Los Hombres Calientes – "Vol. 3 New Congo Square" – Basin Street Records – 2001
With Bill Summers on percussion and Irvin Mayfield on trumpet leading an all-star cast of musicians and guests, though this is the first album that Jason Marsalis is no longer with the band on drums, “New Congo Square” highlights New Orleans place as a crossroad of cultures and music – especially African inspired rhythms that came to life in Congo Square.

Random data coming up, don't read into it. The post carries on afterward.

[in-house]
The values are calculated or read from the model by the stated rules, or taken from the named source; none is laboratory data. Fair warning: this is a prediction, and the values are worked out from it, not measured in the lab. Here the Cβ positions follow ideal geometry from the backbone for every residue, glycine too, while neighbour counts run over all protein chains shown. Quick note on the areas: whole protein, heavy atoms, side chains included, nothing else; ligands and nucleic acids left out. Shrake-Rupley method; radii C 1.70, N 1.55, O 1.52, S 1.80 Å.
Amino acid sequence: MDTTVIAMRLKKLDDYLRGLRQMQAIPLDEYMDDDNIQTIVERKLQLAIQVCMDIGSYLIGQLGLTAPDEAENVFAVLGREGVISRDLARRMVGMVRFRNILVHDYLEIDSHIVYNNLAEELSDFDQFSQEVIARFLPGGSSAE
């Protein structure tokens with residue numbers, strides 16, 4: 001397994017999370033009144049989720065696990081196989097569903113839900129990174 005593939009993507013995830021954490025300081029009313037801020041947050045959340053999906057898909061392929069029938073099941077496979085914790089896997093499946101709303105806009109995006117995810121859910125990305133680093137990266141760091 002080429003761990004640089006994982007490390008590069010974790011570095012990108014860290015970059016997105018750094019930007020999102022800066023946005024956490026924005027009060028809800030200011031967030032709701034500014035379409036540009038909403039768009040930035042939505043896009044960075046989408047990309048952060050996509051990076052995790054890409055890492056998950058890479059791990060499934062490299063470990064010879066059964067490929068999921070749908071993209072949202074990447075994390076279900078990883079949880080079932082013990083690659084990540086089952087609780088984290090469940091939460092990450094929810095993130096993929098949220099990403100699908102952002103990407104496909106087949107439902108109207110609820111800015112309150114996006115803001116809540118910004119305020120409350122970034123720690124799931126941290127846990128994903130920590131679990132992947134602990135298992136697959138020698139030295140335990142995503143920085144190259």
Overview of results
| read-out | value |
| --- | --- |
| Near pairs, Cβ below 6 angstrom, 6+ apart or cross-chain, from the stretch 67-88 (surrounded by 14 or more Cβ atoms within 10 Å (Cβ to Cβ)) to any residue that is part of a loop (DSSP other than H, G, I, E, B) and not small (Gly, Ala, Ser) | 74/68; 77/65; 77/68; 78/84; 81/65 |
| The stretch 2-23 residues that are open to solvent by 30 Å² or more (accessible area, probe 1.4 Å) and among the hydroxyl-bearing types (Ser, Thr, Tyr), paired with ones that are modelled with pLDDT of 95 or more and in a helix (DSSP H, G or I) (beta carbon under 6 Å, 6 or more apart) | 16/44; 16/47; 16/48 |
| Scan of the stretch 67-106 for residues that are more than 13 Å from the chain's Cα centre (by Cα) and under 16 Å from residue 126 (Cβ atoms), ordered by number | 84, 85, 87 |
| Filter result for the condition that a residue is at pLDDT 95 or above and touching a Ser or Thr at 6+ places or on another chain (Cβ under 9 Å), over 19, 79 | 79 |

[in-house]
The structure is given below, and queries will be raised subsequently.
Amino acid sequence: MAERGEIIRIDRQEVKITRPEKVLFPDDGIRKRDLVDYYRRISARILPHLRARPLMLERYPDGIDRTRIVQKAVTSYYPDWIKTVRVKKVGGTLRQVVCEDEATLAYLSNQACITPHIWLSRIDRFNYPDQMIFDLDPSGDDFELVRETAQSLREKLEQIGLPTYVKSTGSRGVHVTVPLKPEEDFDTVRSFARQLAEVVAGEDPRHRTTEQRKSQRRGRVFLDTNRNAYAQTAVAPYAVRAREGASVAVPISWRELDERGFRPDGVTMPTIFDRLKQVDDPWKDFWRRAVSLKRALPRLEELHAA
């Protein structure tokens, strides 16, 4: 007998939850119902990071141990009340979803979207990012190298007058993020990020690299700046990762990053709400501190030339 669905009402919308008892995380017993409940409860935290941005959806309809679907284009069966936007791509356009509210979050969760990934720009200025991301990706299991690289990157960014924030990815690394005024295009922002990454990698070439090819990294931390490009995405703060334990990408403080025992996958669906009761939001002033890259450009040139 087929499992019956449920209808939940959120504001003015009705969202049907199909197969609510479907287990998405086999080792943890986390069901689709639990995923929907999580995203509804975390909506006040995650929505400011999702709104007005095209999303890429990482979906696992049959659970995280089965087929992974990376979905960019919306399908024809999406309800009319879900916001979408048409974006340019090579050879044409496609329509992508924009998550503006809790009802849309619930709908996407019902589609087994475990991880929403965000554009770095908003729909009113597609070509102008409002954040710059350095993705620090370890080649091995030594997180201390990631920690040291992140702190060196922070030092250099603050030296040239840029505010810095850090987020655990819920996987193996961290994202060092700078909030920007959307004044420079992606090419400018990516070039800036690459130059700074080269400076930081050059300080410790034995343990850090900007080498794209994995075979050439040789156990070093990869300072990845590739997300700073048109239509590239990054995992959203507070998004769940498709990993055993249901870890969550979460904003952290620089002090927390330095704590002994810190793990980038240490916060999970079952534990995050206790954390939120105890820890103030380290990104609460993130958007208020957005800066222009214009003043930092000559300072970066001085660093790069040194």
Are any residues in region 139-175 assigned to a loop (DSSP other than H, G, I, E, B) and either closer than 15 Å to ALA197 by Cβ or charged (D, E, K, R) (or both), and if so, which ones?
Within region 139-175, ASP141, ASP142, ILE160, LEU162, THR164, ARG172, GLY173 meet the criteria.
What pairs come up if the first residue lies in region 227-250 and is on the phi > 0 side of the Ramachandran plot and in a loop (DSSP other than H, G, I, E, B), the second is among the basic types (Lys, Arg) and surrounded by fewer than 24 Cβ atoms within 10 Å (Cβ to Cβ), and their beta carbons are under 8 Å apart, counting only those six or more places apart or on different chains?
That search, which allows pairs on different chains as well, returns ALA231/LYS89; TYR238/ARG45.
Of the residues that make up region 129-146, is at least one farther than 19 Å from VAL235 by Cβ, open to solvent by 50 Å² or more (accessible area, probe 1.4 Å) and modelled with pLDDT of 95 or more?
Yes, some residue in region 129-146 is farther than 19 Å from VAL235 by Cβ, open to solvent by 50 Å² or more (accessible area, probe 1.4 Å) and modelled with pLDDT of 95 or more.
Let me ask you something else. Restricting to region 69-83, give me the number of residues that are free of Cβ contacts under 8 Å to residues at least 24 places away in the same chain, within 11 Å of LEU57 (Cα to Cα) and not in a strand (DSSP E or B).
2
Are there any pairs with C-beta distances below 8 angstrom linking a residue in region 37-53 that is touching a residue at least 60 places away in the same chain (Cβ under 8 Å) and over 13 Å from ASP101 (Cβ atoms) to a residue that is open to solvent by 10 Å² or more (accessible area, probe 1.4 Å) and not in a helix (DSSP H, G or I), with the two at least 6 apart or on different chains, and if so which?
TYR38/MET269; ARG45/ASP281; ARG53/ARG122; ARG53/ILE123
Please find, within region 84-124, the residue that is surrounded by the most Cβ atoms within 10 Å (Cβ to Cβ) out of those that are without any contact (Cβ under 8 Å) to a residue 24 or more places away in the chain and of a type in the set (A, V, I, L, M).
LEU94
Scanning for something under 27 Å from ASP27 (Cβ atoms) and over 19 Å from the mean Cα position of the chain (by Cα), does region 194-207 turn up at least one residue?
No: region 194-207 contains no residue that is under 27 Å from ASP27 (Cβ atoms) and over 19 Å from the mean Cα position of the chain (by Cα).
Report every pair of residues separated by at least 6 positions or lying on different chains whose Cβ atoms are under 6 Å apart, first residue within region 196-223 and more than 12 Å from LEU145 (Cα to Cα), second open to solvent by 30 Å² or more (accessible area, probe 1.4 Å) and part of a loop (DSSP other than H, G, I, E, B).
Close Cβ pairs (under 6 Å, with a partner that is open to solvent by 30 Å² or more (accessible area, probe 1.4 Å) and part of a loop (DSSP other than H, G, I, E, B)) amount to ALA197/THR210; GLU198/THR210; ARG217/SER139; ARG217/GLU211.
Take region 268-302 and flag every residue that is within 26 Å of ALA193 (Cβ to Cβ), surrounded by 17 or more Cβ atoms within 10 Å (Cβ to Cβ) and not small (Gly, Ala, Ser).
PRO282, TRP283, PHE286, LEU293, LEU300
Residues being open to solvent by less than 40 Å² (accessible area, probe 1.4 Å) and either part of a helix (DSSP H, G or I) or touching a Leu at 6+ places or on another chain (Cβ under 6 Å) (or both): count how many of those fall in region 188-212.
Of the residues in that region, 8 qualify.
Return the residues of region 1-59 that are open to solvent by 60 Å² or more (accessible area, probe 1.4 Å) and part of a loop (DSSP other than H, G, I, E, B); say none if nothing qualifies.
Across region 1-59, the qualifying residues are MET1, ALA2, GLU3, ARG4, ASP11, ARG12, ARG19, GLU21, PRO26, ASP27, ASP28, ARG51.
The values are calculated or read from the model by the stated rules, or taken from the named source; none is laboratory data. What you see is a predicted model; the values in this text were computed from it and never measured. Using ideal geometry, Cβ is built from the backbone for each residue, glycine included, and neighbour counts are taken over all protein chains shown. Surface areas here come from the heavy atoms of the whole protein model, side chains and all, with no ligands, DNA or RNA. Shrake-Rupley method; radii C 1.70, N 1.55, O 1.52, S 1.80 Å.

The album paints New Orleans as a palm-covered Caribbean city, a next door neighbor to Havana, Cuba, a sister city to Kingston, Jamaica, moves easily through multiple genres – Latin, salsa, brass band, reggae, funk, and jazz.
This album is a history lesson.
Hot horns and funky percussion percolate and punctuate the recording and brilliantly moves through so many styles and sounds that fit together like a nice puzzle of African influences in New Orleans music. (I won’t use gumbo as a metaphor since it is the city’s worst writing cliché.) The genius of the recording is melding all of the styles into a wondrous listening tour through African and New Orleans sounds.